Serendipity: noun. Fortuitous happenstance, pleasant surprise. An aptitude for making desirable discoveries by accident.
I walked through the parking with a sense of serendipity as the kind wind blew some poor bastard’s twenty dollar bill beneath my shoe.
Zemblanity: noun. The inevitable discovery of that which we would rather not know.
I was sick in zemblanity, discovering that a twenty dollar bill had somehow escaped my pocket, and even more zemblanitous at the realization that the fucking wind probably blew it under some lucky bastard’s shoe.
“Take a look back” they tell me. “Look back on your years and see how much you’ve grown. See where you were and where you are now. You were there. And now you’re here. And for that, you should be proud.”
Serendipity tells me that I might surprisingly realize how much I’ve grown. That one day, by accident, it will hit me, blind side me like mutant linebackers. One day I’ll be walking alone, wondering what the hell my life is, and I’ll just know. One day it will happen upon me that once, I was there, and now, I’m here. And for that, I should be proud.
I’ll look down at my feet, and ponder old pictures of size fives with velcro on the side and laugh at the days when I thought serendipity was cherry flavored ice cream. I’ll laugh at intentionally broken windows and bruises sustained at the hands of a bike with no training wheels. I’ll laugh at thoughts of love and my makeshift formula for it, splattered with sigmas (both lower and uppercase) and riddled with unnecessary symbols that are entirely too easy to construct given their purpose.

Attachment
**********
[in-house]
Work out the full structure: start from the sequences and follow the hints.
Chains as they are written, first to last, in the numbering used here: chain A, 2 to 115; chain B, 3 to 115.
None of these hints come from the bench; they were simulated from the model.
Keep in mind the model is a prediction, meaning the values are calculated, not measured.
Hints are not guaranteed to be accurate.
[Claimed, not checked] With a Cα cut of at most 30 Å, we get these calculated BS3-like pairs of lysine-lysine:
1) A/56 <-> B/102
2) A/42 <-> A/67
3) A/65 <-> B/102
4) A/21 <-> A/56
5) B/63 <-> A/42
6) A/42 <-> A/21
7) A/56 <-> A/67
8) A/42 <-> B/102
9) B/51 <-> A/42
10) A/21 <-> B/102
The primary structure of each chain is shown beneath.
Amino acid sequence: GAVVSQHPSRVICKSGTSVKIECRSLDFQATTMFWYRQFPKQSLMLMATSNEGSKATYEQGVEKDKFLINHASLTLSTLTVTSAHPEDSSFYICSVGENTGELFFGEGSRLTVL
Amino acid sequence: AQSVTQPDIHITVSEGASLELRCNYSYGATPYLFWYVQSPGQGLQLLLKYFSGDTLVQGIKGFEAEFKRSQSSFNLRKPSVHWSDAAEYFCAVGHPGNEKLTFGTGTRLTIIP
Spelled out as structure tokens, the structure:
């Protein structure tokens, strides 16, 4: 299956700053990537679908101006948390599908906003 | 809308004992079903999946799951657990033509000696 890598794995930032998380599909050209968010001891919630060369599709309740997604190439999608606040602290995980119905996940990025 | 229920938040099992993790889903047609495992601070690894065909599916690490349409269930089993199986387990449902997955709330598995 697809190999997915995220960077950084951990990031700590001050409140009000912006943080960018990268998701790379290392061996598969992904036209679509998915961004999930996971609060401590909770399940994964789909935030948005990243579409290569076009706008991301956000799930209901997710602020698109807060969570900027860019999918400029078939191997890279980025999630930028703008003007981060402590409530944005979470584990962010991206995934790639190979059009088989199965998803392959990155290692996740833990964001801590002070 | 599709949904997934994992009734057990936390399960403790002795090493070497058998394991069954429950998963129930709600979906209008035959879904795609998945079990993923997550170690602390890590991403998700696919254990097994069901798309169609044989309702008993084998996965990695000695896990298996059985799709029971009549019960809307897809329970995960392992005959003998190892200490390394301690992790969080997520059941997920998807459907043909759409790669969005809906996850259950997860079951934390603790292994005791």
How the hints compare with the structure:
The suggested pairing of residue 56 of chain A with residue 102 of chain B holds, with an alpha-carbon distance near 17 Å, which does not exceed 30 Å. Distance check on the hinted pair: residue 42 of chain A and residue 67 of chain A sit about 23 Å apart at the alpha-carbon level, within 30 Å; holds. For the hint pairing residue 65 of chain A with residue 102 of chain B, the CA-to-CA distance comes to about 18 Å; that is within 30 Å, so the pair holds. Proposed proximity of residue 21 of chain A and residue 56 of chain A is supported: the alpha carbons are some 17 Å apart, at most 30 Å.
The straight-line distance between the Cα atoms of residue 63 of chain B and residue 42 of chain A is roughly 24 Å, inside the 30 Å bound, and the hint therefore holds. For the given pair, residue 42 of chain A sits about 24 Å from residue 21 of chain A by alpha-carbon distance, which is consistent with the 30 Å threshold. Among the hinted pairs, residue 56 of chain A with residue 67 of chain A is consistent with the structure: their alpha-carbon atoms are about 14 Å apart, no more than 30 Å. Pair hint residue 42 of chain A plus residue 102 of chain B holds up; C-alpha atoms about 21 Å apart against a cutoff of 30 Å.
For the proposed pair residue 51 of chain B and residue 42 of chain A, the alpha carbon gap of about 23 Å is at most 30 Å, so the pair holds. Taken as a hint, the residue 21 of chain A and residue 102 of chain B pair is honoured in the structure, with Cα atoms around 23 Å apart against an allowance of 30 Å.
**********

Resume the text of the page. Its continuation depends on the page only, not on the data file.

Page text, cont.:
I’ll laugh at where I was. Because I’ve grown. I was there, and now I’m here. And for that, I should be proud.
But Zemblanity blurts in my ear, purposefully, to review my life like chemistry notes; over and over and over again, until I inevitably discover that which I would rather not know; I haven’t gone that far. I haven’t grown out of old scars. I haven’t done that much. I’ve only moved around the block from there, and here’s not really that great. I’m only a shout away from there and here’s not sound-proof. There lives next door and it’s constantly bringing shitty apple pies and banana breads here for me to try. They all taste the same. Unfortunate.
It’s unfortunate that I haven’t crossed the board so I can smile, satisfied, and tell my friend to “King me.” It’s unfortunate that I’ve written over twenty chapters of a book that only three people will read. It’s unfortunate that my millions of sit ups, pushups, and squat thrusts haven’t done a damn thing, that I’m still 5 pounds too heavy and I still can’t lift the next size dumbbell. It’s unfortunate that I still only write love poems and I still only think about love and I still haven’t gotten over a girl who wasn’t that cool and didn’t look great in shorts.
It’s unfortunate, Zemblanity, that you aren’t a made up word. That you’re real and that you’ve sobered me up like an ice bath, like a needle in the arm, like a palm to the side of the face.
But maybe not, Zemblanity. Maybe you aren’t as unfortunate as I thought. Maybe it wasn’t all for naught. Because this realization is good, this one that I’ve had, that my life, on the whole, isn’t full of progress or growth. Maybe, now, my eyes are open. Now I can see where I’ve been, what I’ve done, and where I should go, and what I should be doing. Maybe, now, the sidewalk is a little less cluttered with stray branches and unwanted toys. Maybe, now, the curtain comes away.
Maybe I’ve found serendipity, in your belly, in your dusty hallways. Maybe I’ve grown from writing this poem.
So thank you Zemblanity, it seems you’ve helped me along.
One of my favorite things about writing is finding things I wrote a long time ago. This piece is a little more than a year old, and I actually wrote it as a slam poem. But, I came across it, and with some minor tweaking, I thought it was worth posting. I hope you thought so, too.